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Insurance industry commissions under microscope

October 22, 2004

California proposes new rules against steering


Inman News

Calling secret insurance broker commissions a "serious problem that betrays the public's trust," California Insurance Commissioner John Garamendi announced new regulations Wednesday to require agents and brokers to disclose any financial incentive they would receive for selling certain insurance products and steering business to specific companies.

Targeting a practice in the insurance industry that has sparked a national controversy and criminal charges against industry executives, Commissioner Garamendi said his proposal would help clarify and strengthen the laws prohibiting these practices.

The real estate connection may not be far off. Mortgage brokers often steer business to particular lenders in exchange for compensation. While the compensation should be disclosed, it is often fuzzy and still represents payment for directing business to particular lenders.

In response to the insurance industry controversy, Garamendi said: "When consumers place their trust in the hands of (insurance) agents and brokers to find them the best policy at the best price, they should know if a backroom deal has already been struck." Commissioner Garamendi said. "My ongoing investigation will expose these under-the-table kickbacks that are not in the best interest of consumers."

The regulations were released Wednesday for public review, after which they must gain the approval of the state's Office of Administrative Law. Garamendi's proposal covers various requirements for insurance agents and brokers, including:

A broker must disclose to a client all material facts surrounding the broker's receipt or potential receipt of income from a third party, which income derives in whole or in part from a transaction on behalf of the client. A broker may not places his or her own financial or other interest above that of the client. A broker violates the Insurance Code if he or she fails to provide the client with the proposal of a best available insurer, advises a client to select an insurer other than the one best available, advises a client not to select a best available insurer from among multiple insurers, or fails to take reasonable measures to obtain a quote from an insurer that might be the best available to the consumer. Garamendi ordered the drafting of the regulations in March after the practice drew scrutiny from a foundation critical of the incentive commission practice. At that time, he also initiated an investigation of the industry in California to assess the extent of this practice, and to determine the need for any ensuing regulatory or legal action.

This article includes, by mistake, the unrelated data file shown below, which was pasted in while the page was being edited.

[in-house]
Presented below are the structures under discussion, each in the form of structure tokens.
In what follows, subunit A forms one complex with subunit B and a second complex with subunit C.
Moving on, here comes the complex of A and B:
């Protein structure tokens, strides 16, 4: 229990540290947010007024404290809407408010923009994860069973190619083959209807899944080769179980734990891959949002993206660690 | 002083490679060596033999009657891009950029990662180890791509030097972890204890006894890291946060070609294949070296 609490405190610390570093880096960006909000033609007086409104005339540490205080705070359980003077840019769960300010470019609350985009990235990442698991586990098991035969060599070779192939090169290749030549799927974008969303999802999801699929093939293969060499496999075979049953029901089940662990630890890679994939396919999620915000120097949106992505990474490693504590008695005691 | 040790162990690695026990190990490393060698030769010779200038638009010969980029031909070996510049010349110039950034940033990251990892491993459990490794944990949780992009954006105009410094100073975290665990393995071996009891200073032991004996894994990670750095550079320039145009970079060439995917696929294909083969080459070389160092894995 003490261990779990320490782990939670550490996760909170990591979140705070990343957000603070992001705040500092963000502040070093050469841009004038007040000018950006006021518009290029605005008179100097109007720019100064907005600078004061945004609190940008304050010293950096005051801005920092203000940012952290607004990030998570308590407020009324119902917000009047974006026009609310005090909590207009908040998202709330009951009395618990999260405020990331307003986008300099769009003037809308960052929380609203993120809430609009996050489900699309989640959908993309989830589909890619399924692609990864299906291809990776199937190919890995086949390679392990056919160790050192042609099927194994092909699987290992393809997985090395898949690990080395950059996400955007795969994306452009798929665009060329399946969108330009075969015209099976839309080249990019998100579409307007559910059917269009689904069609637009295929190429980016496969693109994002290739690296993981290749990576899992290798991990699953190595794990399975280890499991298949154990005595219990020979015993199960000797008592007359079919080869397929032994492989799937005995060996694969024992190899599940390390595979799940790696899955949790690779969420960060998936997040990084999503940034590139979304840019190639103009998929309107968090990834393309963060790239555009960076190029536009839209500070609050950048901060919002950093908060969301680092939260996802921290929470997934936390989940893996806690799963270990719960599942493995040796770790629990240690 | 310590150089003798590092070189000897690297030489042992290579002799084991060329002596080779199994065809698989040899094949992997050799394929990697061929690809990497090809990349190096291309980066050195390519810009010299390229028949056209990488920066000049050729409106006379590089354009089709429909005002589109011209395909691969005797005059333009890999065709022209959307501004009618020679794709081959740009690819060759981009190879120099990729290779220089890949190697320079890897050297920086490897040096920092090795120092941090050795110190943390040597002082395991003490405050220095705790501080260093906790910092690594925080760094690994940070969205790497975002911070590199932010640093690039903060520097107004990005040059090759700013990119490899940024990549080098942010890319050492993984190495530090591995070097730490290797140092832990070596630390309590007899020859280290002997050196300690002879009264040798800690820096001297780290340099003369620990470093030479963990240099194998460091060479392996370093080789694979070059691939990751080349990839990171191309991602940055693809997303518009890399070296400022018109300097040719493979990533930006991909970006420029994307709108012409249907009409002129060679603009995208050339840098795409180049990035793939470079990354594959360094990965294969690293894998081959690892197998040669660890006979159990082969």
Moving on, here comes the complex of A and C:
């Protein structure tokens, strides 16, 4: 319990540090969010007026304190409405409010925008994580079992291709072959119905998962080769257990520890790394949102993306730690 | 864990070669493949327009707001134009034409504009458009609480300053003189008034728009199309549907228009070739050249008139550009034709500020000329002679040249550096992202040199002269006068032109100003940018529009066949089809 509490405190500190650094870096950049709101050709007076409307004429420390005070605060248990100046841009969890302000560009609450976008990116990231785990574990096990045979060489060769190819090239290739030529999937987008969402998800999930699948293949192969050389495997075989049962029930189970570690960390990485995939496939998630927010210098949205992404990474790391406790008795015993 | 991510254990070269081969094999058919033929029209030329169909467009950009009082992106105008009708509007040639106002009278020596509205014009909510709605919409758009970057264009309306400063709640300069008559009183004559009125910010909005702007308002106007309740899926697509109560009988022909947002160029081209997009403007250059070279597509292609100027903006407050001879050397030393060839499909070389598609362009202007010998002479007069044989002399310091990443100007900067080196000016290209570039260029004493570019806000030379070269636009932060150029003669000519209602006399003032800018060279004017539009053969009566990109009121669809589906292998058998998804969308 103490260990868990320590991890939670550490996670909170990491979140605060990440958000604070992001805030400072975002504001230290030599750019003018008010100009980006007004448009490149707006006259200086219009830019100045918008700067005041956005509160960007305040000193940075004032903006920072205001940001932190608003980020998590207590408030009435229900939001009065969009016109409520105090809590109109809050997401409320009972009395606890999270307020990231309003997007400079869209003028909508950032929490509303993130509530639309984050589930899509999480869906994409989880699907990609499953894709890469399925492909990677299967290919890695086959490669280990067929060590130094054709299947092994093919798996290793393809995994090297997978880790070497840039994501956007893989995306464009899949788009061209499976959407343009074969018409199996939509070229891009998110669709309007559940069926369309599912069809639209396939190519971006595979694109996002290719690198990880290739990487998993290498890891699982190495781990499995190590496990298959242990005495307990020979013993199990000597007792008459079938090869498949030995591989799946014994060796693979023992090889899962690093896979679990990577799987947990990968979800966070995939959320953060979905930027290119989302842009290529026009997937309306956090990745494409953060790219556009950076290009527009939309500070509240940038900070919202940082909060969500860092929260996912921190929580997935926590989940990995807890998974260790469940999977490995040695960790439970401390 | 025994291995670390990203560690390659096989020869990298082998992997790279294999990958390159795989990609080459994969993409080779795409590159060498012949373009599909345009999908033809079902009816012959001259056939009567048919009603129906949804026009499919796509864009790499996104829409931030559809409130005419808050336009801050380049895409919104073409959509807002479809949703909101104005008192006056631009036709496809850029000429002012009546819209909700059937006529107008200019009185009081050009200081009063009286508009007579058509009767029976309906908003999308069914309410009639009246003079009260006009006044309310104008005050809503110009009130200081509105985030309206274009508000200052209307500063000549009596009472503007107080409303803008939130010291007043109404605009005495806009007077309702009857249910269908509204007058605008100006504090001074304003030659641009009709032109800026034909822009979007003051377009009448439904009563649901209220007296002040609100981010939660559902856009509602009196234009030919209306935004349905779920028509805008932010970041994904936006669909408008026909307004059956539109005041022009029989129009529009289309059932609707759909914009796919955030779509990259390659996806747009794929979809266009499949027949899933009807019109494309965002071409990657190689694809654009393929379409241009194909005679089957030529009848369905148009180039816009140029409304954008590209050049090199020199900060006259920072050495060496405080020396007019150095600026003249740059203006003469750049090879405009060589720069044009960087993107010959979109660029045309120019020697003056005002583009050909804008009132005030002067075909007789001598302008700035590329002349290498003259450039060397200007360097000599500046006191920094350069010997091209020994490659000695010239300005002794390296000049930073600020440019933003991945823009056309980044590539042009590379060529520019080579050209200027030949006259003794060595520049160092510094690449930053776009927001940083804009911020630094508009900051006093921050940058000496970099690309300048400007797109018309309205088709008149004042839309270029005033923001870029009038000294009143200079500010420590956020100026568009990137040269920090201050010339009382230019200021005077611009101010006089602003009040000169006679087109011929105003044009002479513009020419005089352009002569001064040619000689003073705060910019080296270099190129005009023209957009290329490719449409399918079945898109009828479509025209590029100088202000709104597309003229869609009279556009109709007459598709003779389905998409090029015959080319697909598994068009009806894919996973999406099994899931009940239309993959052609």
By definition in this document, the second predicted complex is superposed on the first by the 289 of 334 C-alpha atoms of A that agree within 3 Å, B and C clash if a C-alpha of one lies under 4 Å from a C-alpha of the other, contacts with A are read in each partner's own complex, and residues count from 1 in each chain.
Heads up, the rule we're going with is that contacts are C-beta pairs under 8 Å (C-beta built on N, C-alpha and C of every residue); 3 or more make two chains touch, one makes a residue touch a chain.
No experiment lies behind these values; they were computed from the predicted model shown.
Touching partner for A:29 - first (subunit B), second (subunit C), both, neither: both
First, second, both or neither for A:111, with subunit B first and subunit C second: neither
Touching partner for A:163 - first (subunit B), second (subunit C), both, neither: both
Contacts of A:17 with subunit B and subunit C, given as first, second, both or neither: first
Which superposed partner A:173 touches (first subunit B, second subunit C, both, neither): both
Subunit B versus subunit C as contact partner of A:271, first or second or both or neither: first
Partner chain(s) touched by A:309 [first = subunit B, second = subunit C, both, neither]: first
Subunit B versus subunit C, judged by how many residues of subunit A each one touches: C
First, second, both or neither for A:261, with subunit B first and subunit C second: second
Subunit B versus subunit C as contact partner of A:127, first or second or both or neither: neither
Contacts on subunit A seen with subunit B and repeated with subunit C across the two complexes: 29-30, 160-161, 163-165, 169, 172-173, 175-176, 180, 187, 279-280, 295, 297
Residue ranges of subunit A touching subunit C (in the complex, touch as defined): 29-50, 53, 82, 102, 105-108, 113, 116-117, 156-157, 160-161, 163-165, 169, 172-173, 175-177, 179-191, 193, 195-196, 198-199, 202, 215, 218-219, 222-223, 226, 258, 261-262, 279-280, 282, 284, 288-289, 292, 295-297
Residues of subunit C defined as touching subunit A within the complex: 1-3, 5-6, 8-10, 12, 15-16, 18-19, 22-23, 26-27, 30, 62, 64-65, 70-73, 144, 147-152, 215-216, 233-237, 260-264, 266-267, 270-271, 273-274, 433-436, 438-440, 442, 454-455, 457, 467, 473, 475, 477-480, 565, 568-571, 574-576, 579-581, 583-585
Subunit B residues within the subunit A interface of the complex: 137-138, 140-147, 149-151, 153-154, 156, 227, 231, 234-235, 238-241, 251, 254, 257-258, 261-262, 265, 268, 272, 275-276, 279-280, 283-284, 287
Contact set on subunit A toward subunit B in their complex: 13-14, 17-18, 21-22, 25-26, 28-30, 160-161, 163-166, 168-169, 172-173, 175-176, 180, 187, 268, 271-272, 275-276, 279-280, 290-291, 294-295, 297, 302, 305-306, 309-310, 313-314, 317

New York Attorney General Eliot Spitzer recently accused the world's largest insurance broker of steering clients to major insurance companies that had paid it large "contingent commissions." He is pursuing civil and criminal actions in his investigation of the insurance industry, and three executives have already pleaded guilty to charges in the case.

Under Commissioner Garamendi's proposed regulations, failure to comply could result in fines of up to $10,000 per incident, issuance of a cease-and-desist order and the possibility of license loss or suspension.

Copyright 2004 Inman News



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